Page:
|Bariatric surgery brings new lease on life
by Dawn Brazell
When Gay Littleton reached the 300-pound mark, she decided it was time.
She had to do something about her weight.
Noah and Gay
Littleton enjoy a special moment on a recent cruise. Both had bariatric
surgery to help lose weight and love how it has changed their lives so
they can be more active.
She and her
husband, Noah, came to an informational meeting at MUSC on bariatric
surgery and met with a psychologist to make sure it was the right step
“We didn’t think we could change our lifestyles enough,” she said of
their efforts to manage their weights through diet and exercise. “We
both had done everything. This seemed like it would have more of a
The two did have surgery, Gay in April 2008, and Noah in March 2009.
Littleton said she’s been surprised by how much it has changed their
lives. She has lost 170 pounds because of the surgery and her hard work
to make healthy behavioral changes. They wouldn’t have had the success
they’ve had, without the bariatric support team, including a
nutritionist and physician assistant, she said.
She and Noah just returned from a cruise where, for the first time,
they were able to sign up to do zip-line activities, something they
couldn’t do before because of weight restrictions. “I’m not saying I
liked it,” she said, laughing, “but I did it.”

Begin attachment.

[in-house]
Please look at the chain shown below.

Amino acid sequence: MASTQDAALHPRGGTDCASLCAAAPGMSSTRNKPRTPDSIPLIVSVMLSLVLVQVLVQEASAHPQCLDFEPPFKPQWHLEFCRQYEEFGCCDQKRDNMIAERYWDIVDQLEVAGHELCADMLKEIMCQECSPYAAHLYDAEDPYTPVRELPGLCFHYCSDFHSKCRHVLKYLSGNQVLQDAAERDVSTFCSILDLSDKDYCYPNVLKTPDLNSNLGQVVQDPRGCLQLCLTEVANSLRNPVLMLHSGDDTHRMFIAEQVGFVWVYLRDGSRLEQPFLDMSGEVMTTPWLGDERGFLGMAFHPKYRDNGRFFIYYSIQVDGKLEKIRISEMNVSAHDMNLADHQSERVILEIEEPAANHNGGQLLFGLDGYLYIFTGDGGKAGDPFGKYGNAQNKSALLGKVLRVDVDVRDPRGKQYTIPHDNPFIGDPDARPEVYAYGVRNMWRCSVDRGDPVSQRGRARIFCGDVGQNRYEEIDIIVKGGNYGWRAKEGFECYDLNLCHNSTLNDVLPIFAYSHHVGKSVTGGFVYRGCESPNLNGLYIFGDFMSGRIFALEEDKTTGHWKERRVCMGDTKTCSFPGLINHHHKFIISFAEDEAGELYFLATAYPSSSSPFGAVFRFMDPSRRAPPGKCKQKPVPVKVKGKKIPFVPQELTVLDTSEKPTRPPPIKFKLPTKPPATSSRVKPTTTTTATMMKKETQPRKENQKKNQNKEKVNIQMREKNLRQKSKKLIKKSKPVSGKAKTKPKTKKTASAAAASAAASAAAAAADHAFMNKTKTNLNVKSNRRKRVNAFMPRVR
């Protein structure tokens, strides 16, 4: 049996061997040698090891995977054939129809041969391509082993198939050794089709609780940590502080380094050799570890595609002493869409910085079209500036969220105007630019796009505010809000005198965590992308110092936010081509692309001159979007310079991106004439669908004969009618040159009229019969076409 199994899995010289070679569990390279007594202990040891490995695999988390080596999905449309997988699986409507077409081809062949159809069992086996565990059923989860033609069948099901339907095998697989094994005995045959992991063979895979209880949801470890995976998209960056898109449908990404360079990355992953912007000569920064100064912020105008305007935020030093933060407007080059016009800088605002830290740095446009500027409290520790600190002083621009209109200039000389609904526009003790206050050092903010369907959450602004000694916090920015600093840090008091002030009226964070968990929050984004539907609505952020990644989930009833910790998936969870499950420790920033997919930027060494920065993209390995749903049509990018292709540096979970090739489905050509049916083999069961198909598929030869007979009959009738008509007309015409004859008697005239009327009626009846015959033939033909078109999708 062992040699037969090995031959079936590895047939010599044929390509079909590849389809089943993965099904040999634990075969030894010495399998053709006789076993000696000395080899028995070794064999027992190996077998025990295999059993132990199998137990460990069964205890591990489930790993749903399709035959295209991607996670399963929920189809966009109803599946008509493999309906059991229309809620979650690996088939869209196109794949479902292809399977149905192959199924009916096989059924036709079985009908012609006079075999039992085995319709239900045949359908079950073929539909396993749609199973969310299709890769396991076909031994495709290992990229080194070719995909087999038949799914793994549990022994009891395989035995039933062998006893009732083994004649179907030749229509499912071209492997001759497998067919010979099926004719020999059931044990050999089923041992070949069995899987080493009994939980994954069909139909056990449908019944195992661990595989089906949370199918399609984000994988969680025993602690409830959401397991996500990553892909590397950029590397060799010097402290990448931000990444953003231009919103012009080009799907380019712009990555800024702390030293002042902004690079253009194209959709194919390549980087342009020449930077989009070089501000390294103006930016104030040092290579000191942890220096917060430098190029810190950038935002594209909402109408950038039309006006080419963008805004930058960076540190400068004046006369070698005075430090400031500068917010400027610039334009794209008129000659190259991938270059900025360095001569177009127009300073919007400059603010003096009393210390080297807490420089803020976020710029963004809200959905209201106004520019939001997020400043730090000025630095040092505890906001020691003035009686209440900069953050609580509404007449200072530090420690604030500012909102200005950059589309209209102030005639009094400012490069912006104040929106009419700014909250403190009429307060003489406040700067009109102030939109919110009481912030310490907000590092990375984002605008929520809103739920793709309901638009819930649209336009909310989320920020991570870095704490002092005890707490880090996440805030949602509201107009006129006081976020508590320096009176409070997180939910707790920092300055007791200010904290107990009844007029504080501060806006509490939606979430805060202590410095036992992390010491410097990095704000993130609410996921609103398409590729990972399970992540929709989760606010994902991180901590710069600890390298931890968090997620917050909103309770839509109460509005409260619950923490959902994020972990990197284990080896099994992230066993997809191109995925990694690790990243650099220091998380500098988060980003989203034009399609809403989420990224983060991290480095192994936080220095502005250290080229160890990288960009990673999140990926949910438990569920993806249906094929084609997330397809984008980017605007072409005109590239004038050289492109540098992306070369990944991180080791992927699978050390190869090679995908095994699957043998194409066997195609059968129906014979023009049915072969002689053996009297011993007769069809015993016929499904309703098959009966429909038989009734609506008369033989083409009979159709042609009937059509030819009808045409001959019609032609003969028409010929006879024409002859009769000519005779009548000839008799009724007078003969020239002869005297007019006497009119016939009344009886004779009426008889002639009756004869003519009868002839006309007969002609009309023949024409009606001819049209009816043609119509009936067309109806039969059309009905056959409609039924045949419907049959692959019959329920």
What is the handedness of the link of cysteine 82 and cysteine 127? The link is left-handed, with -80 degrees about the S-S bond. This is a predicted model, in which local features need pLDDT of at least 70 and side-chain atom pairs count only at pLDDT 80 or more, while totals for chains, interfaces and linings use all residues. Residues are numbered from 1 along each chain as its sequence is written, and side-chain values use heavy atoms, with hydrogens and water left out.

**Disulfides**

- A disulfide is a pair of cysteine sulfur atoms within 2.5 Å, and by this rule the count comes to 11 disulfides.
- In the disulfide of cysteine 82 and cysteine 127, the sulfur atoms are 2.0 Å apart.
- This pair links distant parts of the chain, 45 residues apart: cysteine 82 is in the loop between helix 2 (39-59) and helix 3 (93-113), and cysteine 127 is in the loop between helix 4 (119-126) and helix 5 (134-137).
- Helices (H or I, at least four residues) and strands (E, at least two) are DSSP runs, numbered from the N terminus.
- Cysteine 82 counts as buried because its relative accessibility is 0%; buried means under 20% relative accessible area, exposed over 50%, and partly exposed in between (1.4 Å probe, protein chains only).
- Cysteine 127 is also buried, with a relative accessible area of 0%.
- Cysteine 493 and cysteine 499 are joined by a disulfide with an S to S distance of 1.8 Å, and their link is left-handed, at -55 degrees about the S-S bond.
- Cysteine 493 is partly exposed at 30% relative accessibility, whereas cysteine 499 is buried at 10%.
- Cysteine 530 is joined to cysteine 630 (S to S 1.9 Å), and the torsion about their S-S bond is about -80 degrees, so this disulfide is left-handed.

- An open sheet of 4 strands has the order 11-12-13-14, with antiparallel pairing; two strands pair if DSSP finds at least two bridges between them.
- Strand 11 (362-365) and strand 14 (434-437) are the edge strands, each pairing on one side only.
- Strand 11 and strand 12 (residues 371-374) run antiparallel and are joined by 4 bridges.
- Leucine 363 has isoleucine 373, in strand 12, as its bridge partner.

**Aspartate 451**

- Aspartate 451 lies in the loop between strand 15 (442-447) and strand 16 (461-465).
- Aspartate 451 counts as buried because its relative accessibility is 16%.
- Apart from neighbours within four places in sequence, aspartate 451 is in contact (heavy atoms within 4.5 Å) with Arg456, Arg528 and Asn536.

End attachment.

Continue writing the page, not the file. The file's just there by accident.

Something else she’s enjoying more: Shopping.
“Shopping has become so much fun. I have to reign myself in sometimes.”
She’s able to be more active in her church and she’s joined clubs.
Littleton said the procedure helped her see results quickly and gave
her the motivation she needed to stay on track. “It’s definitely worth
it,” she said. “It has changed our lives in so many
Noah’s surgeon, T. Karl Byrne, M.D., said he wishes more people could
have that experience. He’s encouraged that a legislative proviso has
established a one-year pilot program offering insurance coverage for
100 people who qualify for bariatric surgery as a treatment option for
morbid obesity. These patients would have to meet certain criteria and
be insured with the South Carolina State Health Plan.
“I welcome anything that will provide access to patients who need it.
So even though it’s only 100 patients, I’m glad it happened.”
Believing in the effectiveness of the treatment, Byrne hopes this will
be the first step in achieving universal coverage. The cost potentially
carries a hefty price tag for the estimated 20,000 people on the state
health plan who have the disease.
Want to Know More?
“Facts About Weight Loss Surgery” seminars are held the first Wednesday
of the month, with the next one Dec. 1, from 5 to 6 p.m. in the first
floor auditorium of Ashley River Tower. Registration is required. Call
792-3046, option 9 to register. At the end of the seminar, there will
be discussion about issues related specifically to the State Health
Plan pilot project. If anyone is interested and unable to attend the
seminars, then call the number above.
Friday, Nov. 5, 2010